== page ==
Maslow’s hierarchy of needs suggests that, in order for an individual to be motivated to achieve higher needs, their lower needs must be met first. That is to say that if a person does not have their most basic needs being met (food, water, air, sleep), they are not going to be concerning themselves much with higher needs, such as friends or status. It is hard to argue with the truth of this premise — after all if you were having trouble breathing, an idea such as being popular would become remarkably trivial.
The next level above these physiological needs is safety, such as employment, health, resources and property. After that is love and belonging, then esteem, followed lastly by self-actualization.
Carl Jung similarly suggests that during our young adult lives our minds are consumed by survival as we establish ourselves in our careers, build homes for ourselves and raise our children. It isn’t until later in life that our minds become free from preoccupation with survival and we are able to shift to higher levels of thinking. Depending upon a person’s individual circumstances this will be more or less true, but the idea remains the same that higher thinking must always come after survival.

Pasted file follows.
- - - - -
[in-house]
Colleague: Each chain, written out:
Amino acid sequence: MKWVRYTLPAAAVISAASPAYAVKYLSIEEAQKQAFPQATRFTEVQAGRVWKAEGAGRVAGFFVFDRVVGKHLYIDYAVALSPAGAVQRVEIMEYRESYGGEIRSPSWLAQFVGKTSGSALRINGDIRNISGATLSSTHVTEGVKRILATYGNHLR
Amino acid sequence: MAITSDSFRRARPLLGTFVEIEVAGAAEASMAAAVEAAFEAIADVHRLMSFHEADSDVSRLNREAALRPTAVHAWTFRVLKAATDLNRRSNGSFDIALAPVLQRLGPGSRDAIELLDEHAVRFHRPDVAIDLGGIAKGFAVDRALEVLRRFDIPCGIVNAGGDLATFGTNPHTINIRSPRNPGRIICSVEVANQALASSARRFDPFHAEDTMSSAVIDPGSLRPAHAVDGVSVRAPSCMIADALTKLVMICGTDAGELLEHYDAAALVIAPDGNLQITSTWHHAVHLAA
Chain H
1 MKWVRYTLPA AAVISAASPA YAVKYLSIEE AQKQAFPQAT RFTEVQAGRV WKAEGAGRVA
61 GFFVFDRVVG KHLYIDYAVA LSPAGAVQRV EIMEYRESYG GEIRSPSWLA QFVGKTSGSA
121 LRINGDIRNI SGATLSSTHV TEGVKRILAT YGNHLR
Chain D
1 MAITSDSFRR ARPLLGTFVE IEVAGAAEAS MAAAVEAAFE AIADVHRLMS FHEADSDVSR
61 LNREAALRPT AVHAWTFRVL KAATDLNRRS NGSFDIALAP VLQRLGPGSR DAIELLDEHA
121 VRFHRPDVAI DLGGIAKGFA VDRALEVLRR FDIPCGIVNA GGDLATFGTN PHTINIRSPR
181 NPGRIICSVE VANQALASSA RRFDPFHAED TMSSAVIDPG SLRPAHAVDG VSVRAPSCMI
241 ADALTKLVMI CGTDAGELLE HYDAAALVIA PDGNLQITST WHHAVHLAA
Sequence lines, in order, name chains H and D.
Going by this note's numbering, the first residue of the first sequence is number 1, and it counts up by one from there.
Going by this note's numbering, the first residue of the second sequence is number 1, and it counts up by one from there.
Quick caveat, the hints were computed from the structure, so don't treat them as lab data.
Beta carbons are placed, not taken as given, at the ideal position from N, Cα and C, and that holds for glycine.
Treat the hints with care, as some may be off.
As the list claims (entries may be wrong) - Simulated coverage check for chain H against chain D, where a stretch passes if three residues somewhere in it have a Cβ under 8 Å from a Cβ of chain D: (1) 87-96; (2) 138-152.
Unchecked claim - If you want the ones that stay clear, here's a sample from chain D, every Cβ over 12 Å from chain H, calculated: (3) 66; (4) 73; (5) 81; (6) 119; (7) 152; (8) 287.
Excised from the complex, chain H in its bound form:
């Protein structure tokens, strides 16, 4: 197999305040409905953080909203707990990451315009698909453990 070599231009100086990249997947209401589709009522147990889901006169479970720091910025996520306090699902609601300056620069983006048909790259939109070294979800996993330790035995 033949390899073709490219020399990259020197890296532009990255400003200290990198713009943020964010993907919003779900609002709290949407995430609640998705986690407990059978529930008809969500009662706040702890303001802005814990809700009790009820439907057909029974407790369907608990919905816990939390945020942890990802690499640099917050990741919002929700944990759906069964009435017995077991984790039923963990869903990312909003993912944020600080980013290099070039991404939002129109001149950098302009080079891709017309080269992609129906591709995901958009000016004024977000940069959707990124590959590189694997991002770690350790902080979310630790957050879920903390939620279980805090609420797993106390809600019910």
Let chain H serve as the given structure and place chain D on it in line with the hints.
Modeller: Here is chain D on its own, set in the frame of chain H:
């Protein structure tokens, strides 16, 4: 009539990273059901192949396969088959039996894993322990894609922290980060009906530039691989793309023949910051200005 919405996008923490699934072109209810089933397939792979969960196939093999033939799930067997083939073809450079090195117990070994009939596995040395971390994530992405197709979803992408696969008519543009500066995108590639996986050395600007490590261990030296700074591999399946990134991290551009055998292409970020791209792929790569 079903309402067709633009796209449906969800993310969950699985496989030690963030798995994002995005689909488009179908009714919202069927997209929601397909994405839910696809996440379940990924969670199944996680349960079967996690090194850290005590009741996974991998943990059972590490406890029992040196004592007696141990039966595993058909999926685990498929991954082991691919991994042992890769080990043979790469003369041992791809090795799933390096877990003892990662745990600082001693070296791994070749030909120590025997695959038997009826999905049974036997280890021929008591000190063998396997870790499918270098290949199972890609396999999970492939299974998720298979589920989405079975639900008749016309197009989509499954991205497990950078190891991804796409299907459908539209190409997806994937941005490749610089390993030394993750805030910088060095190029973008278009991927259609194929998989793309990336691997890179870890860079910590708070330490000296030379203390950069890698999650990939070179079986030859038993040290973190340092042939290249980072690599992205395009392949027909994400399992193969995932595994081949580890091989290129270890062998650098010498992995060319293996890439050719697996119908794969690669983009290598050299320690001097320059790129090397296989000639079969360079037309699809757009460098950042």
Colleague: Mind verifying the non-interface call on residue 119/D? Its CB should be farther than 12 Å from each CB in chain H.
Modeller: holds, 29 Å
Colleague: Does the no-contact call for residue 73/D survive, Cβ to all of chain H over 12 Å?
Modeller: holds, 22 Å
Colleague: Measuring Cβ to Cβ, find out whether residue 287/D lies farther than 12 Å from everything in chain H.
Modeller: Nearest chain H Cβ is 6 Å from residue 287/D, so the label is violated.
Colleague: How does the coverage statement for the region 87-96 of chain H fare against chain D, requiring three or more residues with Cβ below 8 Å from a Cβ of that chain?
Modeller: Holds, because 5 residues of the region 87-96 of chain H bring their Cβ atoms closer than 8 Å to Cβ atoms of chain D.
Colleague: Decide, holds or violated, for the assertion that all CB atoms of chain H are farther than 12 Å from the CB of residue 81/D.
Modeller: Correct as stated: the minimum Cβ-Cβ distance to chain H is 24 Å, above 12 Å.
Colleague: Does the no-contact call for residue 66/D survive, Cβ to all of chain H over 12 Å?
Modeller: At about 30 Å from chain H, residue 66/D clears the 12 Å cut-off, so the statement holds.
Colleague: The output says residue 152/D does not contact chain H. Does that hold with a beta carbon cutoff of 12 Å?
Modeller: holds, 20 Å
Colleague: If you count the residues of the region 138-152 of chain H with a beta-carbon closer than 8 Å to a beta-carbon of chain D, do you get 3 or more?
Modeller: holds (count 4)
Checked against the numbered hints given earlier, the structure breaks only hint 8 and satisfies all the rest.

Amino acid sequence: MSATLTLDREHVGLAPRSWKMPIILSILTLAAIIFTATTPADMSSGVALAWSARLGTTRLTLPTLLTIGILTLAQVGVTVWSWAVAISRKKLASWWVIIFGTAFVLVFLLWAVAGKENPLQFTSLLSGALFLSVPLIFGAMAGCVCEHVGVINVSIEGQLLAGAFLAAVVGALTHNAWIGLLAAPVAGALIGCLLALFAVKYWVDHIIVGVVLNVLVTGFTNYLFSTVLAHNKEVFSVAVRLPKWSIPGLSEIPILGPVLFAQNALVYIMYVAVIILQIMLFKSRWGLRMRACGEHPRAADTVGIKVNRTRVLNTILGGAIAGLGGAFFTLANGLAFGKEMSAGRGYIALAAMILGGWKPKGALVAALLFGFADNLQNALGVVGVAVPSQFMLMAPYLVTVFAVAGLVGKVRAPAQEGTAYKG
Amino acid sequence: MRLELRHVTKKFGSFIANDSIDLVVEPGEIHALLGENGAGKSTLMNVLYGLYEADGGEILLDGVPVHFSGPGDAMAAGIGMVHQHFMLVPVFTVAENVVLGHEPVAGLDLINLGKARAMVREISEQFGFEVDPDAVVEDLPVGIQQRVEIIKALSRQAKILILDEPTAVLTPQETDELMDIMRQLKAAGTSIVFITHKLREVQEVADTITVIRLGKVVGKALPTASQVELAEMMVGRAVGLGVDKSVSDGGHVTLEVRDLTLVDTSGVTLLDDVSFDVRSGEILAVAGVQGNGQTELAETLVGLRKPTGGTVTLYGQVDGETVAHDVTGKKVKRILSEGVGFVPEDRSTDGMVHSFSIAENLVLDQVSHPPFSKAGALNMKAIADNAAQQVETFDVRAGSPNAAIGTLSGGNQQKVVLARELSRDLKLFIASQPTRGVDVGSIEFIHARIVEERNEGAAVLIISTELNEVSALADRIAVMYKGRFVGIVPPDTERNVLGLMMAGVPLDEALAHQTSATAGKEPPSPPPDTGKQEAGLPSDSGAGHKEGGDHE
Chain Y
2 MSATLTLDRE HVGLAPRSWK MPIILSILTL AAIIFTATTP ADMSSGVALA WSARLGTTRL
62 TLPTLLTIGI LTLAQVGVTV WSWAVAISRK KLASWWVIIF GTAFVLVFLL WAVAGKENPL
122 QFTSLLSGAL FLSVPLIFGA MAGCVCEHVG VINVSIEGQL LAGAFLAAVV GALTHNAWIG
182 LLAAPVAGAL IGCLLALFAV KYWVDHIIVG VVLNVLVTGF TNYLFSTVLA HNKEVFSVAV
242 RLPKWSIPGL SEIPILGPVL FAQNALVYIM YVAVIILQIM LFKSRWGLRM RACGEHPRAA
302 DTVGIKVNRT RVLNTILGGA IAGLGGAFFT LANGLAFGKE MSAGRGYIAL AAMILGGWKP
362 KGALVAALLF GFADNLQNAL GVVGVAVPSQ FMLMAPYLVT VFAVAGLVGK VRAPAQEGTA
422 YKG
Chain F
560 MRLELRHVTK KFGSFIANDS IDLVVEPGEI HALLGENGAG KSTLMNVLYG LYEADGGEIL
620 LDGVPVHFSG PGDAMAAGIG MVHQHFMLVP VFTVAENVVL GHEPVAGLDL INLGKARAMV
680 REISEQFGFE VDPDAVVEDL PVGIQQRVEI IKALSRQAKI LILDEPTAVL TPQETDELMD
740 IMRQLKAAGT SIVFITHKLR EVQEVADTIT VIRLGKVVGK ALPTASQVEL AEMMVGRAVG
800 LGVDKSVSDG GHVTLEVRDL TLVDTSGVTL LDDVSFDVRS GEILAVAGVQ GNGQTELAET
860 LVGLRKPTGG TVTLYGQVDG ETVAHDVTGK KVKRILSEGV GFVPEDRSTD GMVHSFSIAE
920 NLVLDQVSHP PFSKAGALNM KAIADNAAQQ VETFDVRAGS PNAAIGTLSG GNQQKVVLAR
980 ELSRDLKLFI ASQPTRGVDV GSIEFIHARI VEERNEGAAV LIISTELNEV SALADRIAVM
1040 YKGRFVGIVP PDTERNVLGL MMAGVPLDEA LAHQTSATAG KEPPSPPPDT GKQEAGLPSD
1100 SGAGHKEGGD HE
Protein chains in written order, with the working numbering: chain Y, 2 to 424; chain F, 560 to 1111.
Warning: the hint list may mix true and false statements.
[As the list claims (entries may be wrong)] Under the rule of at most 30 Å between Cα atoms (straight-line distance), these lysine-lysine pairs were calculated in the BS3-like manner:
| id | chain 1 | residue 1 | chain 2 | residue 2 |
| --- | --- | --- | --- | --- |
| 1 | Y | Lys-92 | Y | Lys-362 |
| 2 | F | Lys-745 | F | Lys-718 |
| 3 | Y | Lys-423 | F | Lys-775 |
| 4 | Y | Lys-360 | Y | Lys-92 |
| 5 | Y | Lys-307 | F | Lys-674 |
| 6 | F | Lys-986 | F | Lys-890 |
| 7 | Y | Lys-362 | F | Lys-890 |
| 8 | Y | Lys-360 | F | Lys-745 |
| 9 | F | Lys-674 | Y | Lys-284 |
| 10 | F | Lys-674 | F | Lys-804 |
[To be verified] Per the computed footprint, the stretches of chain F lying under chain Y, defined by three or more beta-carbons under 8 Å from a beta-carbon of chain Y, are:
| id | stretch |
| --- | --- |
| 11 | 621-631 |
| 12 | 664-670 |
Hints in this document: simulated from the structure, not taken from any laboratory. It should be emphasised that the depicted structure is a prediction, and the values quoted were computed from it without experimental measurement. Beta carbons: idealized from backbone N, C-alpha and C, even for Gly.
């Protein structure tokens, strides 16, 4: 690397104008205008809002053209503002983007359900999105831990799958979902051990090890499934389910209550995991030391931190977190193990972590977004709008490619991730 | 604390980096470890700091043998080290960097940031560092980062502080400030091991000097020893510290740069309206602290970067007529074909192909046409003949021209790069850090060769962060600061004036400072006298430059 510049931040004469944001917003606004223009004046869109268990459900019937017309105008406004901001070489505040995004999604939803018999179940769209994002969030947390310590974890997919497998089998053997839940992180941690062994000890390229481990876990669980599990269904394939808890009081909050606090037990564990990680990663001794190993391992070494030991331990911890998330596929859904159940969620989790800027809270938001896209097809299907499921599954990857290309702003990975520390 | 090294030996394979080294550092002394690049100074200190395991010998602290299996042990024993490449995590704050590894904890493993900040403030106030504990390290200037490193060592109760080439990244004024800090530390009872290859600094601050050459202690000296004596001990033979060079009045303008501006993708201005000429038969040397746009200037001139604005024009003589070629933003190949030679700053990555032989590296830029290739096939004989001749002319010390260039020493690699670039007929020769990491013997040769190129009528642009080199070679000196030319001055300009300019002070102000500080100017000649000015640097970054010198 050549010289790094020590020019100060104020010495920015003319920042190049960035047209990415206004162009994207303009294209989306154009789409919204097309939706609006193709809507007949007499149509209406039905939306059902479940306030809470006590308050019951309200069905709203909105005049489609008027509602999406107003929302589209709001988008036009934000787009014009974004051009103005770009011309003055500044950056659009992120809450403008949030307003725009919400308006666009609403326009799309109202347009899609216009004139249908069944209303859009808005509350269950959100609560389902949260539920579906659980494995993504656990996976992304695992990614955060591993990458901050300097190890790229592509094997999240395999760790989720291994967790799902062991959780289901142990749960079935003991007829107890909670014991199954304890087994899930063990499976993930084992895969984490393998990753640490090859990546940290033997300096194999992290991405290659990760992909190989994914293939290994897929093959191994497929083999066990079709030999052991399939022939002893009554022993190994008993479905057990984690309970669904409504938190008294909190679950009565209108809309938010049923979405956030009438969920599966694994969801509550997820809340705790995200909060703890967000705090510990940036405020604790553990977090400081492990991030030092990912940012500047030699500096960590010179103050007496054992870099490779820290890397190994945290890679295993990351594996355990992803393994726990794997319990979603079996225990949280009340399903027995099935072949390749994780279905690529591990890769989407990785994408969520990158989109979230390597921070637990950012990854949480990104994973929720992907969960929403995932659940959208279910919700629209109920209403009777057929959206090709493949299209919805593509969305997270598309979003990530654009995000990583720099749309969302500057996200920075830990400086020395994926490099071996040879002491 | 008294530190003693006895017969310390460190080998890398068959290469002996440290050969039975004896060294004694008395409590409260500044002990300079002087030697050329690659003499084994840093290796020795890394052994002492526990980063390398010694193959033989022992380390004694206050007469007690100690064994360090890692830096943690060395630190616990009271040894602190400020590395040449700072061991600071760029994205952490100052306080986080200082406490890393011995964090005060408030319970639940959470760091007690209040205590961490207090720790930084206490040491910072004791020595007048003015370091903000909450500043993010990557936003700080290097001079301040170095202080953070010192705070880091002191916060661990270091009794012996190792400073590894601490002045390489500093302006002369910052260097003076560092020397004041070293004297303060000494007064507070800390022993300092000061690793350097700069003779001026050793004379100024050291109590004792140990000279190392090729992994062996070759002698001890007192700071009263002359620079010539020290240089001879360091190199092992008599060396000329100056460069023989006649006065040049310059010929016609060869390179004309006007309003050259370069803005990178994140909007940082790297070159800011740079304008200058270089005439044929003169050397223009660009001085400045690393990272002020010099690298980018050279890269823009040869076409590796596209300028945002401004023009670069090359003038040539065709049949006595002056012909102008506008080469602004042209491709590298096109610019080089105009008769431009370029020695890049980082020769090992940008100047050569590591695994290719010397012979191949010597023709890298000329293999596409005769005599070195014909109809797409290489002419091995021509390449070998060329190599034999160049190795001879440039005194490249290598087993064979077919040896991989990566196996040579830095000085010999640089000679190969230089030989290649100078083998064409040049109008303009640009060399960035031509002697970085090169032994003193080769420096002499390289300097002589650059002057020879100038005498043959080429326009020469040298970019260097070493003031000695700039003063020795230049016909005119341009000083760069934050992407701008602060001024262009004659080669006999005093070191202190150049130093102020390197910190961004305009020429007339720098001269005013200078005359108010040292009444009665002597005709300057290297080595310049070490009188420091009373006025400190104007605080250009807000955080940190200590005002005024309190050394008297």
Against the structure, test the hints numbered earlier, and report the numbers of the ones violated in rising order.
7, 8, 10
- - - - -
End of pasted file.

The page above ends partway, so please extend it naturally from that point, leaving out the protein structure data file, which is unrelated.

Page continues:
Our survival instincts are remarkably strong. When our survival is threatened, all other things cease to be important. (Take adrenaline for instance — when your adrenaline kicks in, it literally begins to alter your body’s functioning, redistributing blood, modifying the metabolism, and changing your vision.) A parent will understand how this instinct extends to protecting our offspring, bringing out the “mama bear” if our children’s well-being or safety is threatened.
In the United States, one of the richest countries in the world with relatively low unemployment rates, we don’t give too much thought to the idea of “survival.” When we think of those struggling to survive, we tend to think beyond our borders to third-world countries that lack clean water and proper medical care. However, I believe that this hyperbolic view of survival prevents us from seeing the valid struggles of those at home, and therefore prevents us from properly understanding the…